Just spent the weekend travelling to Mussorie (from Chandigarh) by way of local bus. My question is this: what can't happen on an local Indian bus? The only thing I didn't see was farm animals...although they could've been on the roof. Having to stand for an extended period, or having to sit on a railing or having someone sit on your lap for 7 hours, in a hot bus is a true Indian experience. I must give the drivers of these buses maximum credit...whatever they're getting paid, it's not enough. It's not easy manuevering a bus up or down a narrow road with endless switchbacks, especially at the high speeds these guys like to fly around corners at. This reckless abandon equals one thing...people tossin' their cookies. You can always tell if a bus has come from a hill station by looking at the side of the bus. Pleasant thought, isn't it?

And there really doesn't seem to be a standard method for purchasing tickets. Sometimes you buy them from the guy outside the bus, sometimes from the ticket window, and other times on the bus. The latter method often results in complete and utter pandemonium when the bus pulls up...especially the last bus of the day. People seem to be willing to risk being flattened by a bus just to get a seat. But who can really blame them? There aren't that many seats available to begin with. Even my limited mathematical skills tell me that 60 people can't fit in 36 seats. Any chance I could ride on the roof?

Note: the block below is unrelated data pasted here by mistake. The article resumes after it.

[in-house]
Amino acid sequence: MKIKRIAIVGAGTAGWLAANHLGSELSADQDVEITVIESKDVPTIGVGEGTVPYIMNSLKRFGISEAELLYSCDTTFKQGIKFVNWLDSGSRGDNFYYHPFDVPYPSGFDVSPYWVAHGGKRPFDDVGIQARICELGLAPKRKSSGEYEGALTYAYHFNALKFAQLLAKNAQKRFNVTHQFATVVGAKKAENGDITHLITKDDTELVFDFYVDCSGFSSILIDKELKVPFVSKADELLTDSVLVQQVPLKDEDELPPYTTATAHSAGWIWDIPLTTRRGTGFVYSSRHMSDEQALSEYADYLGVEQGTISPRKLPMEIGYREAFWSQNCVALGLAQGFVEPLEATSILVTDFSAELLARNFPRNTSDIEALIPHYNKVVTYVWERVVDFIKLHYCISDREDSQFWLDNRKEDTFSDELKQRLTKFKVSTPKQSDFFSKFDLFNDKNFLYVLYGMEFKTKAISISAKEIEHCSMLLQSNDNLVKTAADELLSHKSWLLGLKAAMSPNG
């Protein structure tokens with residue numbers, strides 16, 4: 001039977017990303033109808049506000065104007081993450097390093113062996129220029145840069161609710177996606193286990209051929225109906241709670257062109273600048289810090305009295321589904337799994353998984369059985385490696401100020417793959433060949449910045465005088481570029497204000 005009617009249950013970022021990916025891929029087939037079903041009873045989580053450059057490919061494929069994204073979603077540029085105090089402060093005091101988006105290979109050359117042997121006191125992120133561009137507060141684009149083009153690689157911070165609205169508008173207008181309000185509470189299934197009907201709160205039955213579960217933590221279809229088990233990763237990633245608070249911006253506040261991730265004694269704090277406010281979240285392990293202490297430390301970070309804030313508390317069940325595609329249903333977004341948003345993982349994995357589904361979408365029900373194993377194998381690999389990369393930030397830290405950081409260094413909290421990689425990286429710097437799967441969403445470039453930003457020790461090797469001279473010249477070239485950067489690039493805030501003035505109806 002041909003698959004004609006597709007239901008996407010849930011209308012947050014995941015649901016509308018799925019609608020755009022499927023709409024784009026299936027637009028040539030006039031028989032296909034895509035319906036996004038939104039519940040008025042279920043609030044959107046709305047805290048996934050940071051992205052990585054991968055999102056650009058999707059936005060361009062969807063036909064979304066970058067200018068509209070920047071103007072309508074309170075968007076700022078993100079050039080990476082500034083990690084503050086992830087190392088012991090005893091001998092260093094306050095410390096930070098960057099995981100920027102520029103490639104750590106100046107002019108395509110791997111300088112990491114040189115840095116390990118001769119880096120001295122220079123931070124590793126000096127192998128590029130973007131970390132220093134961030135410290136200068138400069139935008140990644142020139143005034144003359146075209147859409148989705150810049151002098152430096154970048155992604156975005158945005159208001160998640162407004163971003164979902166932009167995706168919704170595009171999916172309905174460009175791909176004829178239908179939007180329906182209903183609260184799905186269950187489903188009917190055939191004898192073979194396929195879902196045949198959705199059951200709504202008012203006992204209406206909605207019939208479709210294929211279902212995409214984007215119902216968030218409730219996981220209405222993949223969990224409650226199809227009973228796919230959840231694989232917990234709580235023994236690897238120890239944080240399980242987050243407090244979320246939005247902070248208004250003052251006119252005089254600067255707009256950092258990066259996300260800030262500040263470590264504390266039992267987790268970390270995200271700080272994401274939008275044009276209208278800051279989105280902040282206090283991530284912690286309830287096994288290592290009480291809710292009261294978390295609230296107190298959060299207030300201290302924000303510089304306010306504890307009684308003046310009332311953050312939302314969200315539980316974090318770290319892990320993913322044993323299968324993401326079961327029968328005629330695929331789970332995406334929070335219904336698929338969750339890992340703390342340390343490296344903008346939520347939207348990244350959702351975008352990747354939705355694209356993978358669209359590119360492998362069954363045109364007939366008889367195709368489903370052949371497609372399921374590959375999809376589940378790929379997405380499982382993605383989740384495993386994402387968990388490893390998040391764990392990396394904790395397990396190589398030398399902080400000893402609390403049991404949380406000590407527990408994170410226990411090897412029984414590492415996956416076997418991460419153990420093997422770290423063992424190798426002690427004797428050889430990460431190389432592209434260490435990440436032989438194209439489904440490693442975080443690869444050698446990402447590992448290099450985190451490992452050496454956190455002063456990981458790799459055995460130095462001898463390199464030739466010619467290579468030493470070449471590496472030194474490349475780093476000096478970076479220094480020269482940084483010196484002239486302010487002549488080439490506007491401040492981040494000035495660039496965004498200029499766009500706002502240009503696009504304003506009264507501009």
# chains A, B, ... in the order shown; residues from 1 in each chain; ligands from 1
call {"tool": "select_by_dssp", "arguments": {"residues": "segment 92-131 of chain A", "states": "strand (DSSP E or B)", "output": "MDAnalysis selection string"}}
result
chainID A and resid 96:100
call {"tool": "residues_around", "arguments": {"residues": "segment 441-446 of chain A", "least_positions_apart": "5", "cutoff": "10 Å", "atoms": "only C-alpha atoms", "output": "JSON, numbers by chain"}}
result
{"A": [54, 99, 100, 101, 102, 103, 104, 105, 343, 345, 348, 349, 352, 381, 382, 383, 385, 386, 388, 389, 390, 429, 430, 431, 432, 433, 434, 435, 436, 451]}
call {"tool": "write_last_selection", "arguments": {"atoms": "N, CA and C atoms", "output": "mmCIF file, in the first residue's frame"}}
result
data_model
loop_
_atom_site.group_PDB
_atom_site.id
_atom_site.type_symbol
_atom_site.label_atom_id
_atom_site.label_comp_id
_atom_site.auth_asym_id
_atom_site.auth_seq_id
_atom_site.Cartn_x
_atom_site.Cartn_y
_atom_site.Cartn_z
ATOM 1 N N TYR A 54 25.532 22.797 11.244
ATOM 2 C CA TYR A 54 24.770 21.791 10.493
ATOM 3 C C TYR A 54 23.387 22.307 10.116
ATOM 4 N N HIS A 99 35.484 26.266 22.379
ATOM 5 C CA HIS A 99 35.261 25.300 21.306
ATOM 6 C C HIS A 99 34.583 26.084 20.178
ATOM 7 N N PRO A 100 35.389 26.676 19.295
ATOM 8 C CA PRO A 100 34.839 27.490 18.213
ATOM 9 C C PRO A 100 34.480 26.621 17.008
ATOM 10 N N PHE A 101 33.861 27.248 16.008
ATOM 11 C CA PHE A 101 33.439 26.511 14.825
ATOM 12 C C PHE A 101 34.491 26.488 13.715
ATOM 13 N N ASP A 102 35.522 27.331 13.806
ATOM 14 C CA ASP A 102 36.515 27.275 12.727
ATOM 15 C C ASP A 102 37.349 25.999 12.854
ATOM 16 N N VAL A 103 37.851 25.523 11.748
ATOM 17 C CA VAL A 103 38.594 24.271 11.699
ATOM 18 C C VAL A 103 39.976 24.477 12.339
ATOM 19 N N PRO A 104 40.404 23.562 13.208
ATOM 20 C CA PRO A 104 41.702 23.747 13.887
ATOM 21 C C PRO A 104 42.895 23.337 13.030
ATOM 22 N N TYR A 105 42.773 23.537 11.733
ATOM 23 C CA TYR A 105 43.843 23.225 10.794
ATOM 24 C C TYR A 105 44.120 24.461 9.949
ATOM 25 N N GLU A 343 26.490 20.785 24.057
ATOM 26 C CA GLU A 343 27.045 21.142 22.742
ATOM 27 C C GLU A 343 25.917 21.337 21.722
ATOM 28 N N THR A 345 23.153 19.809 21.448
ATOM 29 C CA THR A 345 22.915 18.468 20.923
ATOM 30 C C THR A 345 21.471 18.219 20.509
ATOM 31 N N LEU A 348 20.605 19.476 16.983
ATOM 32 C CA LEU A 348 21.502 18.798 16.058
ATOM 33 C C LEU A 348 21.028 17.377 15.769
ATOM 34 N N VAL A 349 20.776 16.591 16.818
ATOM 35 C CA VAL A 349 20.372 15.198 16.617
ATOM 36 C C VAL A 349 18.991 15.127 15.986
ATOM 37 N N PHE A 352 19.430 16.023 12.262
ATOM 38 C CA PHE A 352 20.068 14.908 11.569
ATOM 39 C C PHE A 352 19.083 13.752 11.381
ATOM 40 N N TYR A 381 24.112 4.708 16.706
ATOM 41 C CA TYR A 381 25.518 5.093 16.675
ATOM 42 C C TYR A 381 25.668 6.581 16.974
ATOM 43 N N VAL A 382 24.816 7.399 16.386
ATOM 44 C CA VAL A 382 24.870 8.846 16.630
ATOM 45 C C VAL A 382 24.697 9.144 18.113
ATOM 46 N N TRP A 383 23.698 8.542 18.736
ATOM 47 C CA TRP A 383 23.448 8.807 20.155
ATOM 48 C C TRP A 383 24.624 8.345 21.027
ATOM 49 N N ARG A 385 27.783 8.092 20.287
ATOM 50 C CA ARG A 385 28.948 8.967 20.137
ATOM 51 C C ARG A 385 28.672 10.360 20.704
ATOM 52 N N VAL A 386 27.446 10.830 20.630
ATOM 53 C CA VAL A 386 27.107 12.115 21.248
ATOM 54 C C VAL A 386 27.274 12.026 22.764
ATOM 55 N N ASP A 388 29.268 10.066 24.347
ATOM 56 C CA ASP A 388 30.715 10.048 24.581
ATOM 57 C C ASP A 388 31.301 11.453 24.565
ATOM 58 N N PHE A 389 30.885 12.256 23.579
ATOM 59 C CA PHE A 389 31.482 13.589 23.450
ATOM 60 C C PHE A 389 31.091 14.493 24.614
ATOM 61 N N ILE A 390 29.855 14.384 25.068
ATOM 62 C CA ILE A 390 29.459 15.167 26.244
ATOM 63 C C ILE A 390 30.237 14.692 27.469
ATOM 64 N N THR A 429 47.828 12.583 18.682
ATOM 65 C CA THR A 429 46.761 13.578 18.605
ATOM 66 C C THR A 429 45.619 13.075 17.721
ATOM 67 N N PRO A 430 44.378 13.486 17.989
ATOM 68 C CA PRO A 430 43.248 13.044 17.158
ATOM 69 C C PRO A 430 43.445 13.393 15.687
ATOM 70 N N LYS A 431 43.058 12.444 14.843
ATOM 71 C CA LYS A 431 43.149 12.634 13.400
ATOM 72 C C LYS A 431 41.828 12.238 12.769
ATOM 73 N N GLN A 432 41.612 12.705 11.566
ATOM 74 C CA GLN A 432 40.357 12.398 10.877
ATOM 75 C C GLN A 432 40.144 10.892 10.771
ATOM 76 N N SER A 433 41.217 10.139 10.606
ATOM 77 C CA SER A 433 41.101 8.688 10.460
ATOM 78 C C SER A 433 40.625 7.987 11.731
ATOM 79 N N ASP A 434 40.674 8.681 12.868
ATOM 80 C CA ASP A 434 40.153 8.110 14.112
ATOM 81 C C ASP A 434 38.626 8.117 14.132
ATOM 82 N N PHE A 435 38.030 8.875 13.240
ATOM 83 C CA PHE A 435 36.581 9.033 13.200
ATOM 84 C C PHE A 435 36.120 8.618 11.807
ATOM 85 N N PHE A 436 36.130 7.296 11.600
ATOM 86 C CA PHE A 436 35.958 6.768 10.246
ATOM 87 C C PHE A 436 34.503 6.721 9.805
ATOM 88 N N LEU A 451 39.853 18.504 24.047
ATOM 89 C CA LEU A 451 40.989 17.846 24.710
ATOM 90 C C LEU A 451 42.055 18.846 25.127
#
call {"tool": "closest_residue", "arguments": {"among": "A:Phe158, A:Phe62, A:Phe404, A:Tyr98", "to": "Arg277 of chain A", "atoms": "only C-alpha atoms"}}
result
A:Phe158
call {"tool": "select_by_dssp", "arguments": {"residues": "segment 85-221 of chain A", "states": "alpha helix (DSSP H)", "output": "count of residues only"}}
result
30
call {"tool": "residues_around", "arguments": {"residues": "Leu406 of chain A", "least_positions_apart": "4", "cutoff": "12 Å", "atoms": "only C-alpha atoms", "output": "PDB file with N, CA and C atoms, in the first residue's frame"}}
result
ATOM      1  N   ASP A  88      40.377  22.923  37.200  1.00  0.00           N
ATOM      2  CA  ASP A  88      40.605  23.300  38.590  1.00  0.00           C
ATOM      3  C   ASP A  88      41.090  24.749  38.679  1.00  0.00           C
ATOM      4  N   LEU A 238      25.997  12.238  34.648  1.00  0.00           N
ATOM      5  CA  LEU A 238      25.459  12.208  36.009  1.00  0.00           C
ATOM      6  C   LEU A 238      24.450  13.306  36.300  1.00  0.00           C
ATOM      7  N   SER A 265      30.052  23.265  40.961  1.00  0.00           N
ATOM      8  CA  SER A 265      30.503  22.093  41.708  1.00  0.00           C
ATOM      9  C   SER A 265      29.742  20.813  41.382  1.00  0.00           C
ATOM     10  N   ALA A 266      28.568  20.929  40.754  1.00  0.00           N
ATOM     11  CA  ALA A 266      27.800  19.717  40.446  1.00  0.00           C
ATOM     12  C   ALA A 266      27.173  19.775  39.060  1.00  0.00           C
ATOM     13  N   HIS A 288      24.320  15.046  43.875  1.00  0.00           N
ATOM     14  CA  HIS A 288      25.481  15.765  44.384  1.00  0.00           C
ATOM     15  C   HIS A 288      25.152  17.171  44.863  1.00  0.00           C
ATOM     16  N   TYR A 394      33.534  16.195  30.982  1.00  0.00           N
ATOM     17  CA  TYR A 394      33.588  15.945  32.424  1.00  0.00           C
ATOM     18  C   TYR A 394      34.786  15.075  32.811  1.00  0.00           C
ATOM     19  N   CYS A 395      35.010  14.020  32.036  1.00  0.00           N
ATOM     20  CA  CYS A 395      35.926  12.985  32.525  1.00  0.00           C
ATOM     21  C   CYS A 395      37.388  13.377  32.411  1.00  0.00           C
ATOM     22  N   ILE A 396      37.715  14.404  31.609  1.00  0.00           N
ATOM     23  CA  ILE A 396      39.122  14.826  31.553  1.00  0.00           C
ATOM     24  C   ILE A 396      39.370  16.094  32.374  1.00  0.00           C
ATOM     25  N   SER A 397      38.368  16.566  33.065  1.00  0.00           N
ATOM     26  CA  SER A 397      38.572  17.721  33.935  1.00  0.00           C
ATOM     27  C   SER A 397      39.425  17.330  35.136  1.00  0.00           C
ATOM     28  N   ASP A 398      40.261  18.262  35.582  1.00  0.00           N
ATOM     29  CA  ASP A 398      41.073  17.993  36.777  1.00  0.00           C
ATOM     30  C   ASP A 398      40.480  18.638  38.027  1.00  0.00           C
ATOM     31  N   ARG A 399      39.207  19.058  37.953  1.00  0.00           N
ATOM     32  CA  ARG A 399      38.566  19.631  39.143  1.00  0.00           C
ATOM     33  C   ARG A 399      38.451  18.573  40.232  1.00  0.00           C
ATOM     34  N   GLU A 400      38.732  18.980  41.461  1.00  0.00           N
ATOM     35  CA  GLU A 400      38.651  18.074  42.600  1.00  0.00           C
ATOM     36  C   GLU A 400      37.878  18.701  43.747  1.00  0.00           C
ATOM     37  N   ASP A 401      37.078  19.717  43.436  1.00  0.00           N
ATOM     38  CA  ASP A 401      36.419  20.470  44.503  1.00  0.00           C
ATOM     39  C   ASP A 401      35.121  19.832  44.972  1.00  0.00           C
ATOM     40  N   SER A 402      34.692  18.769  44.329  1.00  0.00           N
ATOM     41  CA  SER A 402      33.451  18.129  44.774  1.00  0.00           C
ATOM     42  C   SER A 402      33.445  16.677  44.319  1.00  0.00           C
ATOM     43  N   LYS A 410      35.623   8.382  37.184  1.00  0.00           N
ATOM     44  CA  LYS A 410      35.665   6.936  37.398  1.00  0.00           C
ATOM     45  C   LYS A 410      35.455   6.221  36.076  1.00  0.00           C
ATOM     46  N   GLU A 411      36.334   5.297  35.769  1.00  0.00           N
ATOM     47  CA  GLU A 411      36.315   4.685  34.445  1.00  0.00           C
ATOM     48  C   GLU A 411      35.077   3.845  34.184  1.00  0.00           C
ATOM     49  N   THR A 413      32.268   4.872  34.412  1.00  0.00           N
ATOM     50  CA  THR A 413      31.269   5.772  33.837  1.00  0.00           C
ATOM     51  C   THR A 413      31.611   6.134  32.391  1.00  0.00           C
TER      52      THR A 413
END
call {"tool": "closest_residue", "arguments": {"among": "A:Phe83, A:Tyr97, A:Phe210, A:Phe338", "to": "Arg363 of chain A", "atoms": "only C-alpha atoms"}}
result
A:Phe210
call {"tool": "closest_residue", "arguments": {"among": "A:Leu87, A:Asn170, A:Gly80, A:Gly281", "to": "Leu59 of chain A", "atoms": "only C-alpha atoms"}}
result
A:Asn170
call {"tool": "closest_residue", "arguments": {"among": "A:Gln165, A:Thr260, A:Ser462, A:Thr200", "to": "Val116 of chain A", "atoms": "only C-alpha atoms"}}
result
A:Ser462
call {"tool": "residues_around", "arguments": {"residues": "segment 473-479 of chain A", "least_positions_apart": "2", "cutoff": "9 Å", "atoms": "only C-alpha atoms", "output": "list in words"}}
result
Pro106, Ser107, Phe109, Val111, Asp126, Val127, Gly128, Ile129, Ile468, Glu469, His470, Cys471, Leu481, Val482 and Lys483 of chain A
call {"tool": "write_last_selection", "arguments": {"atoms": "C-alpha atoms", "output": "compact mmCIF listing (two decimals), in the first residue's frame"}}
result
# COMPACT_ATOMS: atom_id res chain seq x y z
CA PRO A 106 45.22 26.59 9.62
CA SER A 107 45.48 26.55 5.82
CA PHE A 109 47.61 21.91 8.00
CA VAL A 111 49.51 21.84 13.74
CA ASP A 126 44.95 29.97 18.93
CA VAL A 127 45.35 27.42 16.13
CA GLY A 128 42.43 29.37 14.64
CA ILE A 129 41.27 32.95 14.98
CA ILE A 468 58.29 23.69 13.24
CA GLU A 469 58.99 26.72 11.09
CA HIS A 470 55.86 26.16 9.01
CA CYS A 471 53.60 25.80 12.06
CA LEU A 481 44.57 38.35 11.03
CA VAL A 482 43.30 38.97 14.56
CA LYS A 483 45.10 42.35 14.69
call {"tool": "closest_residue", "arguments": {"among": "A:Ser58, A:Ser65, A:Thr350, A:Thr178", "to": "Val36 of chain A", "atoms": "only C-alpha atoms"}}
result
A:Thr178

And then you have the guys that stand on the side of the road and try to flag the bus down. As the bus slows down you're thinking "I really don't think there's room for another person...let alone 5." Where there's a will, there's a way...I suppose. At each stop you hope that at least someone is getting off, so there might be a little bit of room for you to move your leg that has fallen asleep. At the longer stops, if you don't get back on the bus before everyone else, it'll start rolling away while you're running with it holding onto the railing. It's like doing your own movies stunts, except without safety measures in place.

When you finally reach your destination, you say to yourself, "Wow. What a story that's gonna make at cocktail parties."

I'd love to hear about other people's crazy bus stories. Post a comment if you have one.

Wednesday, June 22, 2005

About Me


My name is Kent Babin and I enjoy long walks on the Great Wall of China. How's that for a personal ad?

I am currently taking a year off from my country, Canada, to see what the rest of the world is doing...seeing it on TV just doesn't do it for me. When I'm in Canada, I go to the University of Calgary and study Management. And more specifically, International Business. I only have 2 more semesters left, so when I go back to Canada in January, I will be able to graduate in August. After that I'm like most people..."I have no idea what I want to do!" I'll worry about that when the time comes. For now, I'm just enjoying living in different parts of the world and doing things a little bit out of the ordinary.

So what else do you need to know about me? Well...I was in Mongolia for 3 months (Jan-Mar) volunteering and China for 3 weeks travelling. Now I am in India doin' the AIESEC thing for just over 6 months. For any of you that are interested in seeing pictures of Mongolia or China, go to my
picture website. There you can see more of the above, and lots of yaks too.